The Cannonball Run (1981)

cannonballrun_1Starring Burt Reynolds, Roger Moore, Farrah Fawcett, Dom DeLuise, Dean Martin, Sammy Davis Jr., Jack Elam, Adrienne Barbeau, Terry Bradshaw, Jackie Chan, Michael Hui, Bert Convy, Jamie Farr

Directed by Hal Needham

Expectations: Moderate.

twostar


I haven’t seen The Cannonball Run since I was about five or six years old, and I remember it being hilarious. As you might imagine, a person’s sense of humor changes a bit after 25 or so years, so I unfortunately can’t list The Cannonball Run as a film that holds up very well. On top of that, I’m watching the film as part of my Jackie Chan series, which is not the best way to approach this film AT ALL. Jackie probably has less than five minutes total screentime throughout the film, and every one of his short appearances is heralded with the most stereotypical Asian music imaginable. He’s also supposed to be Japanese in the film, even though Chan and his co-driver Michael Hui (also a huge star in Hong Kong at the time) clearly speak their native Chinese throughout. Sigh.

But I should try to focus on the bulk of The Cannonball Run instead of Jackie’s glorified, dumb cameo. The story here is as loose as the pants that Jared from Subway used to wear. There’s a cross-country race called the Cannonball Run, and all kinds of drivers show up to take part in it. That’s it. I don’t recall there being a prize to be had (other than side bets and bragging rights), and there’s no actual plot running alongside the race. The Cannonball Run is just that, a wacky race across country. Also the race doesn’t really matter, it’s just a means to put crazy characters into crazy situations along the way. There’s never any tension or sense of time as the race is on; it’s all freewheelin’ fun!

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Escape from New York (1981)

escape-from-new-yorkStarring Kurt Russell, Lee Van Cleef, Ernest Borgnine, Donald Pleasence, Isaac Hayes, Season Hubley, Harry Dean Stanton, Adrienne Barbeau, Tom Atkins, Charles Cyphers

Directed by John Carpenter

Expectations: High. I love John Carpenter movies.

fourstar


In 1988, the crime rate in the United States rises four hundred percent. The once-great city of New York becomes the one maximum-security prison for the entire country. A fifty-foot containment wall is erected along the New Jersey shoreline, across the Harlem river, and down along the Brooklyn shoreline. It completely surrounds Manhattan Island. All bridges and waterways are mined. The United States Police Force, like an army, is encamped around the island. There are no guards inside the prison: only prisoners and the worlds they have made. The rules are simple. Once you go in, you don’t come out.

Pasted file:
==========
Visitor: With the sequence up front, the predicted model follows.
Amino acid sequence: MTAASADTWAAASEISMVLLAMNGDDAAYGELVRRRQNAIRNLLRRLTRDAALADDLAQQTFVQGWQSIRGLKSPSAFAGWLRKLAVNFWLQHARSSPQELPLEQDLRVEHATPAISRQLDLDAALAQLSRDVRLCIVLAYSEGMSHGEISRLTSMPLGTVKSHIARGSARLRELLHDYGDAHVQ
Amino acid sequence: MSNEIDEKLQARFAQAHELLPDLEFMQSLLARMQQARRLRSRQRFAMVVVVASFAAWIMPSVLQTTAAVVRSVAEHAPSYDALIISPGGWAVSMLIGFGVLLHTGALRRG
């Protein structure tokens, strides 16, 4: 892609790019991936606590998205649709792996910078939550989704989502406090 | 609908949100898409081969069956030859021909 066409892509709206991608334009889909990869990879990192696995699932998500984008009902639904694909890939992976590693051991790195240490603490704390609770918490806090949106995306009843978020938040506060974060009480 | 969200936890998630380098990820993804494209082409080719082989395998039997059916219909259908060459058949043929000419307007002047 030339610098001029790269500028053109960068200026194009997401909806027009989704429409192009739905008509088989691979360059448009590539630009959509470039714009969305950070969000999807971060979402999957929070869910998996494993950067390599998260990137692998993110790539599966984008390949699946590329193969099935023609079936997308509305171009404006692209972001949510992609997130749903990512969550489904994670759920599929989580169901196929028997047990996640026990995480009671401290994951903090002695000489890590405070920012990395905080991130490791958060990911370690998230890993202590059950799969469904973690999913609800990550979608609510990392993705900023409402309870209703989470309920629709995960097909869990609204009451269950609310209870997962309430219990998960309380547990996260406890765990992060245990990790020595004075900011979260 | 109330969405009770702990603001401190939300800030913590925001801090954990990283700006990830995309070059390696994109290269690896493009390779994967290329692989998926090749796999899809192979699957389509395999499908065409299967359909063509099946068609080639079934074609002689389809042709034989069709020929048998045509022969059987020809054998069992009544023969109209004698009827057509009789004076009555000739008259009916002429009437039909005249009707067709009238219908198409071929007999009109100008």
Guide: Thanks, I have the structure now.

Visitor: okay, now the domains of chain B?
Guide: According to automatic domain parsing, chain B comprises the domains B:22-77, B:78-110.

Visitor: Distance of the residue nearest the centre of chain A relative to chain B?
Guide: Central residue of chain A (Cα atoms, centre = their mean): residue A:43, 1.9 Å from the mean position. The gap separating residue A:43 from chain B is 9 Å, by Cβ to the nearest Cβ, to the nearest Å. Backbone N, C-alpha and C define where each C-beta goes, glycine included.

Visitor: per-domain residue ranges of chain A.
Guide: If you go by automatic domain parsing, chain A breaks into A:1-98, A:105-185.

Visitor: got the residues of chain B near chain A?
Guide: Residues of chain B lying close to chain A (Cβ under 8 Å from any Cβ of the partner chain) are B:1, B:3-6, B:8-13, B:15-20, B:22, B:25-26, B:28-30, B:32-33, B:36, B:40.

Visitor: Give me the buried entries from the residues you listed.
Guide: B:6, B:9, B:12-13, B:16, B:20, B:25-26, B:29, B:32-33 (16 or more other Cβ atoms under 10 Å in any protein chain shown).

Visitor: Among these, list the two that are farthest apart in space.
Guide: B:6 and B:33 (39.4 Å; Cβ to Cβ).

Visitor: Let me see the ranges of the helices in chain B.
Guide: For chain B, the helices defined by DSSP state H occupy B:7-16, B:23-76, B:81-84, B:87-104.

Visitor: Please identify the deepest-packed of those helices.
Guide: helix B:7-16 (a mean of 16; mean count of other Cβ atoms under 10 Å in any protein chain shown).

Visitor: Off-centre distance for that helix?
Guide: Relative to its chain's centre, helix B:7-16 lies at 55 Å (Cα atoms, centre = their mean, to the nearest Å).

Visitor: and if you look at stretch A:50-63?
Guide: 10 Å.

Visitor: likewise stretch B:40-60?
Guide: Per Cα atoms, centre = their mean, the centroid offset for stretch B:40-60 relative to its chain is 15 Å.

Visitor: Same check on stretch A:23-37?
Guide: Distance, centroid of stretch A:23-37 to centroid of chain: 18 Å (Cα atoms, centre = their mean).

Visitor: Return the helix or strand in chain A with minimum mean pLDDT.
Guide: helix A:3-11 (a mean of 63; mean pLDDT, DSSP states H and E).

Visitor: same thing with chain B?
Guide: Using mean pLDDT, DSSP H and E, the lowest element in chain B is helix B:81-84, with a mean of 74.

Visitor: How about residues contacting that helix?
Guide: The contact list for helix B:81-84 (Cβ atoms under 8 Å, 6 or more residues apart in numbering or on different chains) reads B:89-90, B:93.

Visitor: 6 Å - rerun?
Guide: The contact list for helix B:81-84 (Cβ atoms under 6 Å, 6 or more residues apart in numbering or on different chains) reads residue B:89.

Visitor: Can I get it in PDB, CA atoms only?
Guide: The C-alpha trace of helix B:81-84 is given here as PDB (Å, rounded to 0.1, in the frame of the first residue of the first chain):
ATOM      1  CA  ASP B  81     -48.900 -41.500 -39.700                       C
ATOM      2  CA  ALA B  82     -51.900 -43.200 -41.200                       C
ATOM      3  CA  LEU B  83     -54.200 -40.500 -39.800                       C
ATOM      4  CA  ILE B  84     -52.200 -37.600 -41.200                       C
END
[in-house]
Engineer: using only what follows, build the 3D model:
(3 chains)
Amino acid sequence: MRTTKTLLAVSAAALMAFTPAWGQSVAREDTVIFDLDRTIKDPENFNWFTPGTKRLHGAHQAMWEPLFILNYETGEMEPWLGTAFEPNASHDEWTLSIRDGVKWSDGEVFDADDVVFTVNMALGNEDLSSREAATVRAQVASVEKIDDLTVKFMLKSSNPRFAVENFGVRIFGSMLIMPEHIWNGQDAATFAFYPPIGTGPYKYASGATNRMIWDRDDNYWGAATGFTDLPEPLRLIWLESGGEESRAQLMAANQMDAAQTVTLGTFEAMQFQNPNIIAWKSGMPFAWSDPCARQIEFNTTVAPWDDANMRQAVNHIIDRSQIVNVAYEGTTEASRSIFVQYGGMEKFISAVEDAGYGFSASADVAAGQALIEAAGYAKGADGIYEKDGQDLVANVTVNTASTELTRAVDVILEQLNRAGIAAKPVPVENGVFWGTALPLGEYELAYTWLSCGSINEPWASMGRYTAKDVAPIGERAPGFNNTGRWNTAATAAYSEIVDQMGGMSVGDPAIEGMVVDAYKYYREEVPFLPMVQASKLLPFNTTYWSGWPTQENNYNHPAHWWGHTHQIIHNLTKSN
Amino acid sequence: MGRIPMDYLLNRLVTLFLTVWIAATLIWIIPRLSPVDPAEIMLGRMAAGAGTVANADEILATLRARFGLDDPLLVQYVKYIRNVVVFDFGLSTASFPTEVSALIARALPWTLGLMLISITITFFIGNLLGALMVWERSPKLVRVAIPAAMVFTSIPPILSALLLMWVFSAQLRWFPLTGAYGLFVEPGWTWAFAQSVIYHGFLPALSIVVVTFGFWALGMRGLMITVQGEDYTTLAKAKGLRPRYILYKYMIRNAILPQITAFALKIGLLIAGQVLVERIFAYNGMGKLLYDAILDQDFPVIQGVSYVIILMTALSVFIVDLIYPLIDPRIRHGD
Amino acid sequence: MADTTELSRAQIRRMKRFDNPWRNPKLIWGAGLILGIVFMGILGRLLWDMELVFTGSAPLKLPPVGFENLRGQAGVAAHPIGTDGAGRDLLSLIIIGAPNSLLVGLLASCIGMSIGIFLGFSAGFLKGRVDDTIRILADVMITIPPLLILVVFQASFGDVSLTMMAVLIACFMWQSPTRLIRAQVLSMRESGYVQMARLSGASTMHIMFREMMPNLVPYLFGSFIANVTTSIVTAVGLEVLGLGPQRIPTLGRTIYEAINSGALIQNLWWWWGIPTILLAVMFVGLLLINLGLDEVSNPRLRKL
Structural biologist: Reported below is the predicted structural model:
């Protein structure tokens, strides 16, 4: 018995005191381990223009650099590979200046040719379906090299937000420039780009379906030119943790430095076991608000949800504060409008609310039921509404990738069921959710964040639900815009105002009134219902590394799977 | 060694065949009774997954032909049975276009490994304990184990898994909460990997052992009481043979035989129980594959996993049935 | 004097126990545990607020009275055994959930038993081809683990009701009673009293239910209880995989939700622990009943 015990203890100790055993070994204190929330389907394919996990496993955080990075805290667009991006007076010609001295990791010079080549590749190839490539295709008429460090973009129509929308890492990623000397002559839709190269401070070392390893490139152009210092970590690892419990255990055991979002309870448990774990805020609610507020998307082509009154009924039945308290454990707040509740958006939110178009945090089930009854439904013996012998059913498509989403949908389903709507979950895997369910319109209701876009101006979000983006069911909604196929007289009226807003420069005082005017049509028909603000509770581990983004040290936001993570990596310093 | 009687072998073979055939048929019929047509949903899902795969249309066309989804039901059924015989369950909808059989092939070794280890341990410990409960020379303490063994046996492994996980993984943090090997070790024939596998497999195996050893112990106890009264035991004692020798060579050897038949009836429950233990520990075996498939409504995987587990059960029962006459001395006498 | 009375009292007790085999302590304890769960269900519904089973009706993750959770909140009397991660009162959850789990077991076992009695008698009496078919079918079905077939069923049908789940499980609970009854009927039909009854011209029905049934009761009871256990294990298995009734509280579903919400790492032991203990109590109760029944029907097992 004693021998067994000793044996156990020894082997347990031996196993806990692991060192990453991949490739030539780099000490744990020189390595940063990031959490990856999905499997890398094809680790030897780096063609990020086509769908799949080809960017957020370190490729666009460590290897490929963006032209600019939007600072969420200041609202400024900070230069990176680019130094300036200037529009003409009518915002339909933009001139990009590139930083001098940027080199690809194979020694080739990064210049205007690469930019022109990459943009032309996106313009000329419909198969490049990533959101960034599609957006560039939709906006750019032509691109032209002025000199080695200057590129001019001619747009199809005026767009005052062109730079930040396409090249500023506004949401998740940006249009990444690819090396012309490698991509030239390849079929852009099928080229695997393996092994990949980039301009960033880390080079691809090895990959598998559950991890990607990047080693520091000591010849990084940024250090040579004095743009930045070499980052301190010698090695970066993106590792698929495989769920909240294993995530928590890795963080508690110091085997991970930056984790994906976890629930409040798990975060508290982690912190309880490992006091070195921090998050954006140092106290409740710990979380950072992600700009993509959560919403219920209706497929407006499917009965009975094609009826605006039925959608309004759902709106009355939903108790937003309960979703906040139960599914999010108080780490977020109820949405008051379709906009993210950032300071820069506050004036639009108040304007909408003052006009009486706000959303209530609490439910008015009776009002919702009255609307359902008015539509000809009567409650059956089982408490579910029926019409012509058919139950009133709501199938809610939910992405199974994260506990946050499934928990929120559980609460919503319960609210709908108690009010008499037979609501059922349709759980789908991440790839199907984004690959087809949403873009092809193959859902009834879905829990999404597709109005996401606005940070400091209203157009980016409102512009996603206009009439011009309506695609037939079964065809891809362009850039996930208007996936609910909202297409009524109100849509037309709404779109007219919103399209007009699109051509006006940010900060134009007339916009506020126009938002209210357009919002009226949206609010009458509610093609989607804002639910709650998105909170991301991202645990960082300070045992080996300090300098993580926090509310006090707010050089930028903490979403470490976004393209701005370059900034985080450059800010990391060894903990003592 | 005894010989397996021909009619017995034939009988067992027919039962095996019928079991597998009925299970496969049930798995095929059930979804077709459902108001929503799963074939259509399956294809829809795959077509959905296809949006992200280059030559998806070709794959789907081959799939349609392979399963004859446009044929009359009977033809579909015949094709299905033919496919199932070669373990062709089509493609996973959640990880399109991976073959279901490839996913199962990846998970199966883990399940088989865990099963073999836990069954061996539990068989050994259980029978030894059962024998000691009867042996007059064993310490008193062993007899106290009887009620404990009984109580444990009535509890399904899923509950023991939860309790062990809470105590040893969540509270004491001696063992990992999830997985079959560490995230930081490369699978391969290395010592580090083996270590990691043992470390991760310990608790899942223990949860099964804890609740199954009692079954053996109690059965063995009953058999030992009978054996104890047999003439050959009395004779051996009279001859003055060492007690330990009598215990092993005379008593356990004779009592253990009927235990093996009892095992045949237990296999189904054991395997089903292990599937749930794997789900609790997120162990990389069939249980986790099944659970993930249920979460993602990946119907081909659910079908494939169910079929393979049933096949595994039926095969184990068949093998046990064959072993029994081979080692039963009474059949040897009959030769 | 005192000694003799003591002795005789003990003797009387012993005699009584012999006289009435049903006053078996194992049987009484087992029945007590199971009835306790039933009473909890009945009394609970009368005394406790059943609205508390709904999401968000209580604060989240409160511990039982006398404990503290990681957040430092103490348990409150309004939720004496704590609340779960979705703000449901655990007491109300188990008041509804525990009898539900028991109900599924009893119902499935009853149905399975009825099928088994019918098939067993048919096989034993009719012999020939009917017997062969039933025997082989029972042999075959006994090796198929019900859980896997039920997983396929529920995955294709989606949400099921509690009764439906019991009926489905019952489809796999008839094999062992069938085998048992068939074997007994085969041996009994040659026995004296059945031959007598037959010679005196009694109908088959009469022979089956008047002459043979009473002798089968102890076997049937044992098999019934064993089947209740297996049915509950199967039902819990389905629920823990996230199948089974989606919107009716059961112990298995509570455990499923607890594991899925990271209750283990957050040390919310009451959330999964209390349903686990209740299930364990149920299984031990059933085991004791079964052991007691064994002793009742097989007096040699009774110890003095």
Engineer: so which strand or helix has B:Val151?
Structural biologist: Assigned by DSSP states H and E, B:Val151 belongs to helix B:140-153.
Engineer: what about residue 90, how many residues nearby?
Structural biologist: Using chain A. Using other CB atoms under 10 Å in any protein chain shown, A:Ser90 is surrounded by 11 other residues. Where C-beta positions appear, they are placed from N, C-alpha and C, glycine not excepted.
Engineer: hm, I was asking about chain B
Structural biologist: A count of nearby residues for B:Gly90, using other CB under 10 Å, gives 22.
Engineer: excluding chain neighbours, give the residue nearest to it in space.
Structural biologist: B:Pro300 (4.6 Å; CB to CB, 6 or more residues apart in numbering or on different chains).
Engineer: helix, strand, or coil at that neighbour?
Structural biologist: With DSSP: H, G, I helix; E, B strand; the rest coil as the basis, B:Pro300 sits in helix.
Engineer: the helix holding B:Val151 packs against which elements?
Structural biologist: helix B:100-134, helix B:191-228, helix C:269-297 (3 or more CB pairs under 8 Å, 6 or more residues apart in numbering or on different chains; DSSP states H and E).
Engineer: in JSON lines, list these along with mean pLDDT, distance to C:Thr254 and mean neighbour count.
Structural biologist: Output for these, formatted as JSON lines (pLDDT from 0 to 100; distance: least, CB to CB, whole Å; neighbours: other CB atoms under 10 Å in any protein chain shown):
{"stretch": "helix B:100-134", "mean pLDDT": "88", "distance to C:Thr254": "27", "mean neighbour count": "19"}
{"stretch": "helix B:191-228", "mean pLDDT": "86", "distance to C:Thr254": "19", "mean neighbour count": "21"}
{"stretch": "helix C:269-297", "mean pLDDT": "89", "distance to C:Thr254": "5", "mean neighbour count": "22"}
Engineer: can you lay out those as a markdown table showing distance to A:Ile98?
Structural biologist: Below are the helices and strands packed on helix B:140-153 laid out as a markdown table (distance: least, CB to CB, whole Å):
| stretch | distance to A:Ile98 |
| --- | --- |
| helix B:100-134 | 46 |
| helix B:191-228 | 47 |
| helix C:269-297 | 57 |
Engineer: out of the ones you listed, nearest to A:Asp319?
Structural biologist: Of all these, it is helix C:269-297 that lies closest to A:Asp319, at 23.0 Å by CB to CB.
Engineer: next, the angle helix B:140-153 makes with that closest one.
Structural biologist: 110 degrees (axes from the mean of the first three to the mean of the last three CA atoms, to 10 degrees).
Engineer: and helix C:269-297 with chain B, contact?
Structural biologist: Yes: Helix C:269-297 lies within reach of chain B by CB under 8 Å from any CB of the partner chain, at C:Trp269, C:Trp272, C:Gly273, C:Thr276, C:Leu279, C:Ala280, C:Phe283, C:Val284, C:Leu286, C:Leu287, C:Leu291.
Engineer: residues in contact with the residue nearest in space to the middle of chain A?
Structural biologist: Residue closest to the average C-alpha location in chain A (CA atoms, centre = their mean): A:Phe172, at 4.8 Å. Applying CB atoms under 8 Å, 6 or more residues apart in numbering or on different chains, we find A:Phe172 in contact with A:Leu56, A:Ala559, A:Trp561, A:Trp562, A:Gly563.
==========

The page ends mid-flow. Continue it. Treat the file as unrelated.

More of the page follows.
1997. Now.

John Carpenter’s Escape from New York has what is perhaps one of the greatest premises in movie history. When terrorists hijack Air Force One and crash-land it in the middle of the Manhattan Island Prison, Lee Van Cleef makes a deal with hero-turned-criminal Snake Plissken. For the safe return of the president, Plissken will get a full pardon. But he’s only got 24 hours to get the job done or else two capsules in his neck will explode. See, I told you it was awesome.

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Cannibal Women in the Avocado Jungle of Death (1989)

Cannibal Women in the Avocado Jungle of Death (1989)
AKA Piranha Women in the Avocado Jungle of Death, Jungle Heat

Starring Shannon Tweed, Bill Maher, Karen M. Waldron, Adrienne Barbeau, Brett Stimely, Barry Primus, Jim McKrell, Paul Ross, Vicky Varner, Alan David Gelman

Directed by J.F. Lawton (as J.D. Athens)

Expectations: Low, but I hope it lives up to the comedy of its name.

On the general scale:

On the B-movie scale:


With a name like Cannibal Women in the Avocado Jungle of Death, you pretty much know what you’re getting. The film delivers everything it promises except the death, but that’s ok because there’s always the ever-present threat just looming around the corner. What I didn’t expect was a satire of political and pop culture of the late ’80s, or a comedy remake of Apocalypse Now with elements of Indiana Jones and 2001 thrown in for good measure. It’s a wild concoction to be sure, and one that only a select crowd will be able to enjoy.

Feminism professor Shannon Tweed is recruited by a couple of Army men to venture into the uncharted avocado jungle that covers a good portion of California’s east side. Her mission is to find out what happened to Dr. Kurtz, a noted feminist author and thinker who was sent into the jungle to make contact with the Piranha tribe of cannibal women and stop them from killing and eating anyone who comes to pick an avocado. Why is this important, you ask? Well these days the avocado isn’t such a big deal, but in 1989 the world hinged on avocados, and with a shortage in America, the Soviet Union was quickly broadening the avocado gap.

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